Jamila’s gravestone – update

This is the update to my previous post: “Redating and relocalising a tombstone from Wikipedia“ After a few days from the first post about Jamila’s gravestone, I am really happy to say that I got some new information. And I must admit that Wikipedia proved to be right, or at least ‘not completely wrong’.

Redating and relocalising a tombstone from Wikipedia

Update to this post: Jamila’s gravestone: update On WikiCommons there is the picture of a gravestone. It is written in a beautifully decorated kufic script. It is not that Fatimid type of kufic where the foliation/floriation is so overwhelming that you can barely read what’s written, and it is not that early kufic that has…

Gravestone tradition in 12th century Iran

After roughly one month spent thinking and thinking about the Iranian tombstone tradition developed during the 12th century, I maybe have reached some results. Actually, as the material is scattered around museums and galleries, I decided to bring some of the objects together, so that it would be easier to understand the overall tradition.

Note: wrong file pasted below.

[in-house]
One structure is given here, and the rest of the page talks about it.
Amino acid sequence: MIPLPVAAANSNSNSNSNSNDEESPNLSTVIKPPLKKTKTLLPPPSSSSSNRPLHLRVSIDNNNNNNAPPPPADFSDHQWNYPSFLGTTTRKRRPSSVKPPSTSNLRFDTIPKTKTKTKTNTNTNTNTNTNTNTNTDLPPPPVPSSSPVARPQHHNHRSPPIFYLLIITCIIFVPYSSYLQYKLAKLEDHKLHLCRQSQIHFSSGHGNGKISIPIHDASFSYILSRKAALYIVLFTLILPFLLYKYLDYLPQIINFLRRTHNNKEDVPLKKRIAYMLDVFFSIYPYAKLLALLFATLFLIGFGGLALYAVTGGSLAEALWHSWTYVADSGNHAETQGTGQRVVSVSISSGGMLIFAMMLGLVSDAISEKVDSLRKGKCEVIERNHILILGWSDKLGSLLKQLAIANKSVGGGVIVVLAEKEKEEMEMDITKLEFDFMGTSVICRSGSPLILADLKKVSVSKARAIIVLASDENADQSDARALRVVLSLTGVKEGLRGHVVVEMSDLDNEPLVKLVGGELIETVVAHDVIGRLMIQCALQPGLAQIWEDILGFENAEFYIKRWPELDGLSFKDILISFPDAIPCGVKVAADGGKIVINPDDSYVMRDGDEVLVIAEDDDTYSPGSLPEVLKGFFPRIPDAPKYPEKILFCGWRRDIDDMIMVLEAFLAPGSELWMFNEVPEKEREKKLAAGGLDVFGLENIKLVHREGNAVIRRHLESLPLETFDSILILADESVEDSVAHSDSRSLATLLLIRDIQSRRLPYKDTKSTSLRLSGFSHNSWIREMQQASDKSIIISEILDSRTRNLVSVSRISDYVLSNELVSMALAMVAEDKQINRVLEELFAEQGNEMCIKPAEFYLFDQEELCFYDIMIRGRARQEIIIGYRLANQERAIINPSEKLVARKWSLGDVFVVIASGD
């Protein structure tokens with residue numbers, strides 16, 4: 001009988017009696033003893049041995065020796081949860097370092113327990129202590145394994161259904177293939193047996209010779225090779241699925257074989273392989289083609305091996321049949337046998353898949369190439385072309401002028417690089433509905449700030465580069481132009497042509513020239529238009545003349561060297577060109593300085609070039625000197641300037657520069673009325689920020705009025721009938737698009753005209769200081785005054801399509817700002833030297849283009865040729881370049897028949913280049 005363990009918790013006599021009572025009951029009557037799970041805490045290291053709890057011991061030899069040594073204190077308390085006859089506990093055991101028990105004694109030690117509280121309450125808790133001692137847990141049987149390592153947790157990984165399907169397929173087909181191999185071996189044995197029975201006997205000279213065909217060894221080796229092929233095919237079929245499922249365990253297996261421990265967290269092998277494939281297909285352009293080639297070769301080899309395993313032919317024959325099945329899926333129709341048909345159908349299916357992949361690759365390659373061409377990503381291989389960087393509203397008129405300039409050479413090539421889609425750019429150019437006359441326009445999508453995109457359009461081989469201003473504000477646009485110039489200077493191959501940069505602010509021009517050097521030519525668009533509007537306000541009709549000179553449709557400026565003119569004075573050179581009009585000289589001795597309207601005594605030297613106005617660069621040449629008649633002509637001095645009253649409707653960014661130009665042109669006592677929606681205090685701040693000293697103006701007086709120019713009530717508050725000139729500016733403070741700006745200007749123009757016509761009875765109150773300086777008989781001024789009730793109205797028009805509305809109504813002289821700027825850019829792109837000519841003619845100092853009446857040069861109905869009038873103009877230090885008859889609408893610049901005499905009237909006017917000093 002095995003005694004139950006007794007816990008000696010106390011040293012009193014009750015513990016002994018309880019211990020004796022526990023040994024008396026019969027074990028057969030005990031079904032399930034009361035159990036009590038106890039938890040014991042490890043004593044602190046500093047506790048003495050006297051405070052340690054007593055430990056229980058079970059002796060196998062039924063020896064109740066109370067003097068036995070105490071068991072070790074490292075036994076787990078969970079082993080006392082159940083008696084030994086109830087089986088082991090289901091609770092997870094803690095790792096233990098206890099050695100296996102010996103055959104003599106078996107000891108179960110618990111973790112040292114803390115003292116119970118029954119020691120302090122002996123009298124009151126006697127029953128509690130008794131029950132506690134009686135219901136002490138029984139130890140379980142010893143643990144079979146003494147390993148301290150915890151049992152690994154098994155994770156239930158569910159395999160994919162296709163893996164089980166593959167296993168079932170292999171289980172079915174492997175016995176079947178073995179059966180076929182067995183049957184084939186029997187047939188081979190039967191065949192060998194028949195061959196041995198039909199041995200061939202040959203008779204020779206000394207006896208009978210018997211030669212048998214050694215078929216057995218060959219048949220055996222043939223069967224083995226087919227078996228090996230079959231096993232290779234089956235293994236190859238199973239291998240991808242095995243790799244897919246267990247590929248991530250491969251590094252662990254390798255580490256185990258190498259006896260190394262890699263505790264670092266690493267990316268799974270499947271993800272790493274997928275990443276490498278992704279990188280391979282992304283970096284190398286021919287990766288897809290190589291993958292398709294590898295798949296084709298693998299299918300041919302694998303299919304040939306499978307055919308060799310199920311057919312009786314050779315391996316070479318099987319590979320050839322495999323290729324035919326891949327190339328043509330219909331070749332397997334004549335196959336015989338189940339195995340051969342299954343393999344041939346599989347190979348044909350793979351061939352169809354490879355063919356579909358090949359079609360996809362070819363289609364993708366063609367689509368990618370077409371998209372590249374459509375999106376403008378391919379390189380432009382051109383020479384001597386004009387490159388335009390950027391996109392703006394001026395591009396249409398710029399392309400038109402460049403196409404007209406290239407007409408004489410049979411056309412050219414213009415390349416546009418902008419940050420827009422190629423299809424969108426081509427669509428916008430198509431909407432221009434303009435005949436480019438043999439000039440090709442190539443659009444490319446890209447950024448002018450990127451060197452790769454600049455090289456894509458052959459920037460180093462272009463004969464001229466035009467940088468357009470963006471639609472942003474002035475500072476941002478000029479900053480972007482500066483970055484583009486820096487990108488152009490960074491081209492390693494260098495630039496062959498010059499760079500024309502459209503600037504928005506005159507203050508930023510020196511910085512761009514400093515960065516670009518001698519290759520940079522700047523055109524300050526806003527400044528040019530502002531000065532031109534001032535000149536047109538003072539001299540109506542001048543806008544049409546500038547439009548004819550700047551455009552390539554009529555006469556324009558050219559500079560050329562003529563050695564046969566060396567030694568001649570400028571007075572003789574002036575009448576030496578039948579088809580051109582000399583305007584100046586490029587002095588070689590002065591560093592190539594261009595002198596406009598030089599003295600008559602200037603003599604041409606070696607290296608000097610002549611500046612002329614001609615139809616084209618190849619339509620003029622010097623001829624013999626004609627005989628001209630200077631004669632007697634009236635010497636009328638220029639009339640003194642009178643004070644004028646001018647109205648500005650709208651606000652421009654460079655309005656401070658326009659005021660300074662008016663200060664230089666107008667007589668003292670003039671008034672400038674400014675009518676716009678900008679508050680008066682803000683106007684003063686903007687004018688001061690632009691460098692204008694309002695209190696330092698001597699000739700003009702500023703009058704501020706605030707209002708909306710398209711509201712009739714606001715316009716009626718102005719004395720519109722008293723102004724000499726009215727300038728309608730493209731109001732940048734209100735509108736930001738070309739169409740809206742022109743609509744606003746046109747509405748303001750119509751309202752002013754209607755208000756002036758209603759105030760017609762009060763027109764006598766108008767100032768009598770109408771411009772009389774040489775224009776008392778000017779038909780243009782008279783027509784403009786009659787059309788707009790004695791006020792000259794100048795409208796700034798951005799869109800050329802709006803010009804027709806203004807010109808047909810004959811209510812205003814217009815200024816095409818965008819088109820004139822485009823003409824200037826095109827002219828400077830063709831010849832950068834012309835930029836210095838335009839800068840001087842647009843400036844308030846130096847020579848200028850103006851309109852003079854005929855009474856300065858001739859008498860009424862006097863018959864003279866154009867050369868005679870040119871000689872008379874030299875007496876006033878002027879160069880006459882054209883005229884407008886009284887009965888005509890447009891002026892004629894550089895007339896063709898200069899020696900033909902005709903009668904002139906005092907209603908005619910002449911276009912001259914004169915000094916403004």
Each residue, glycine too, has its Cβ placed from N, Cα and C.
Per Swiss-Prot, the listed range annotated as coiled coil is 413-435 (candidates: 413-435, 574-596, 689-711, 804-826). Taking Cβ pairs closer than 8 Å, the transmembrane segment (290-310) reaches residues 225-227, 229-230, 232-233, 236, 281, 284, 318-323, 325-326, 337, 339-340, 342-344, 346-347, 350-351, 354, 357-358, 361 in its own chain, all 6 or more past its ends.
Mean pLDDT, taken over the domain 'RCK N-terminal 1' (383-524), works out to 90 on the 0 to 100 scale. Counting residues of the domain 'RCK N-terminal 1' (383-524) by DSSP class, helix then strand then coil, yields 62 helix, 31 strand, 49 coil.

XII century Iranian tombstones – reading what museums don’t read

Do I have to say again that I like tombstones? I think it’s quite clear… In these days, following the post about signatures on Iranian tombstones from XII century, I started to search similar material in museums and auction houses just to have an overall view on the subject. Well…I must admit that some of…

Signatures on gravestones: two XII century Iranian tombstones

Tombstones are full of surprises, and information: not only on the poor passed away, but also on the iconography, the use of Qur’anic citation, place and time, people, craftsmanship, patronage, religion, public and private sphere…in short: from a tombstone, if you are careful, you can get a whole context. Let’s take this one for instance